Monitor Notes “significant progress” at Lincoln Hills/Copper Lake

Operations of the schools are “the best it has been since the Monitor was appointed”

John Beard, Director of Communications for the Office of Public Affairs/Office of the Secretary at the Wisconsin Department of Corrections (DOC) in Madison, sent out the following press release on March 13, 2023:
The court-appointed Monitor for Lincoln Hills School/Copper Lake School (LHS/CLS) filed an encouraging report on conditions at the facilities today, which included increased classroom time for youth, the DOC doubling the number of consent decree provisions with which it is in substantial compliance, and continued positive atmosphere at the facilities.
“The Monitor did not encounter a single staff or youth that did not have a positive attitude. The overall operations of LHS/CLS are the best it has been since the Monitor was appointed,” the Monitor noted in the report. “Staff and leadership’s commitment to youth and to this reform effort is evident in every aspect of the operation.”
Under the Evers Administration, DOC has for years been in either partial or substantial compliance with all 50 provisions of the consent decree stemming from a 2017 lawsuit against the previous administration related to unsafe conditions at the schools. The 16th Monitor’s Report filed today shows DOC has doubled the number of provisions with which it is in substantial compliance, from 15 to 30, and remains in partial compliance with the other 20 provisions.
“In one four-year term under this Administration, our staff at the Division of Juvenile Corrections (DJC) has transformed the system of care at the schools, moving away from past, punitive practices to a model based on evidence-based treatment of youth in our care,” said DOC Secretary Kevin Carr. “Seeing such a big jump, to being in substantial compliance with 60% of the items in the consent decree, is affirmation of the work put in by our staff and a testament to the leadership in DJC. I’m very proud of the changes they’ve made at LHS/CLS.”
This latest quarterly report from the Monitor included a list of facility improvements, including installation of video game rooms in the living units, installation of a new video phone system in the living units to help youth better communicate with their families, and the introduction of video production software in the schools’ Music & Arts Initiative.
This Report also praised the Quality Assurance Program this Administration has put in place at LHS/CLS, which the Monitor states has far exceeded expectations and is second to none.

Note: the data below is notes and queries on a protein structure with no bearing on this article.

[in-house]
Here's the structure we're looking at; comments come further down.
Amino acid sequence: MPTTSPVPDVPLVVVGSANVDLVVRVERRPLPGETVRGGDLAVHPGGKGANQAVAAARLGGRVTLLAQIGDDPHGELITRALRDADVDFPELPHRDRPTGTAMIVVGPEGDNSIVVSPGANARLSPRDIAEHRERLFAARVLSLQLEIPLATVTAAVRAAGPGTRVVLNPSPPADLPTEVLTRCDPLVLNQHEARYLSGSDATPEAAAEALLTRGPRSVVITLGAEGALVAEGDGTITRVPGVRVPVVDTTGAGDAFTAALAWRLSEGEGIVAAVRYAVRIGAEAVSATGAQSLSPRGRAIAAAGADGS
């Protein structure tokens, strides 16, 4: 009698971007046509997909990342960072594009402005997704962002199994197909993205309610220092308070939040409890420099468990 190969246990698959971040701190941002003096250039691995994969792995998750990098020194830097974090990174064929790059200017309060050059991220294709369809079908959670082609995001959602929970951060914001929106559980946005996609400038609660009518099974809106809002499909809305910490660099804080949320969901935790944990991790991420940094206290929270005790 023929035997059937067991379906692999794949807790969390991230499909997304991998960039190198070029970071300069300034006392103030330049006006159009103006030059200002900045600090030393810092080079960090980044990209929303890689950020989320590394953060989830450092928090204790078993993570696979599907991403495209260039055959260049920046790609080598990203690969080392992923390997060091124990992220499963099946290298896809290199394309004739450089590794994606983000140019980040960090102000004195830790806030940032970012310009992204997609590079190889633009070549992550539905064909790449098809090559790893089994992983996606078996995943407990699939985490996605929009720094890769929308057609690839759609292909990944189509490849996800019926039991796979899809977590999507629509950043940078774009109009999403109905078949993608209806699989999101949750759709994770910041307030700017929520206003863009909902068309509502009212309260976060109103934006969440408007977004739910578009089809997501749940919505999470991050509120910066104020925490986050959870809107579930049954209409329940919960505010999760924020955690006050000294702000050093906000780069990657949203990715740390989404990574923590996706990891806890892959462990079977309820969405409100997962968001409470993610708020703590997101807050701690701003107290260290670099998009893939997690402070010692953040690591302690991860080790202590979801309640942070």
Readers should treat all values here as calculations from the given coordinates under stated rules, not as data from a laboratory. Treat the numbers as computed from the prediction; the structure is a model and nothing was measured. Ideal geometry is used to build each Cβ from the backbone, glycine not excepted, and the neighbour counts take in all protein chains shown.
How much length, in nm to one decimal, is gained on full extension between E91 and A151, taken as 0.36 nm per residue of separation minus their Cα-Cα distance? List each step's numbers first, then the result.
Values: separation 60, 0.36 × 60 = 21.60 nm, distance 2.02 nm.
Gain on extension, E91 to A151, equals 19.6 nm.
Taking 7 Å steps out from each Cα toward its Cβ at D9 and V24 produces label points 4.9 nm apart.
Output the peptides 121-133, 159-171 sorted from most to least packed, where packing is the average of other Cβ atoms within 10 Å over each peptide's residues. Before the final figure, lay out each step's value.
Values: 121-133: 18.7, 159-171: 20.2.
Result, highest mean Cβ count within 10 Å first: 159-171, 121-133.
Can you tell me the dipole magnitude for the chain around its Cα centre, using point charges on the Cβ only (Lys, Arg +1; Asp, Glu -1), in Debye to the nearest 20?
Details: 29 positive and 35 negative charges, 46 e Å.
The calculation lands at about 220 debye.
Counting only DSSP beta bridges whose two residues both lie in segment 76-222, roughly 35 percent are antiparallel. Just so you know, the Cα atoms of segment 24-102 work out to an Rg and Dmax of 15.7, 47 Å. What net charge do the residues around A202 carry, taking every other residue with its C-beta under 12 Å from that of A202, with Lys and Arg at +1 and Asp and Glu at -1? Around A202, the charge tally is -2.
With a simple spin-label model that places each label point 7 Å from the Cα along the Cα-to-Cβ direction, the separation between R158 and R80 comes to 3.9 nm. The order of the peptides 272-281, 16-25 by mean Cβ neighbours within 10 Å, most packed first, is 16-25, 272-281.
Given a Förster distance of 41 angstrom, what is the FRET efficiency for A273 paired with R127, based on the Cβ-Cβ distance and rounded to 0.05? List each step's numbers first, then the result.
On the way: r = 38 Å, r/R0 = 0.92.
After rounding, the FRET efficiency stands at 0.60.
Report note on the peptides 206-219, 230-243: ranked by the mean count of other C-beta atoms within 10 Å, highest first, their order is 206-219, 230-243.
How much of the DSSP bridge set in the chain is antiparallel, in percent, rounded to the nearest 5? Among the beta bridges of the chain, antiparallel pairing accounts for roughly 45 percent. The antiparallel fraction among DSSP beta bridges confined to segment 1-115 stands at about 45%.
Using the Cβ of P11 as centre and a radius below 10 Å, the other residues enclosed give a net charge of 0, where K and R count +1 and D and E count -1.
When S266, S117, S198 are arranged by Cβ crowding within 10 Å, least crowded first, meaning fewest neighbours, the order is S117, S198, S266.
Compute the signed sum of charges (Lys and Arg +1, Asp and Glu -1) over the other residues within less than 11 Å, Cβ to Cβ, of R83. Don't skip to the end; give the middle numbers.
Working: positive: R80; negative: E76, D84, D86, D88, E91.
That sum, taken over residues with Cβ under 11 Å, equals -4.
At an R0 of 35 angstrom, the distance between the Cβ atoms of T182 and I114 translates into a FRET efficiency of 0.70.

“DJC has a program that other jurisdictions should model. Critical information is readily available to the leadership which allows them to make proactive, data driven decisions that increases the safety of youth and staff,” the Monitor reported.
Staffing remained a concern in this reporting period, which ran from November through January. In general, over the three-month period, youth spent more time in their rooms in November and December due to lower staffing levels, when the facilities were running at 50% of normal staffing levels on many days due to vacant positions and staff taking leave. However, as the Report notes, youth spent more time out of their rooms and received education in the school building more often in January. Also, since January 31, youth have received education in the school building every weekday, except for some youth placed in the high-risk Skills Development Programs due to disruptive or physically aggressive behavior.
DJC aims to have youth out of their rooms from at least 8:00 a.m. to 8:00 p.m. every day. However, on days with lower staffing levels, the schools have not always been able to meet that goal, keeping youth in their rooms in operational confinement as a necessary way to maintain safety during times of lower staffing levels. Over the last five full weeks, excluding the two high-risk Skills Development Program units, the combined living units at the facility have received 94% of the goal of 12 hours of out-of-room time.
“The significant hiring in the youth counselor classifications and reduced population, should provide for more available staff which will result (and has resulted in the last couple of weeks) in youth spending more time out of their room, off units, and in the school area,” the Monitor wrote in the report.
Complete reports from the Monitor can be found here on DOC’s website at:

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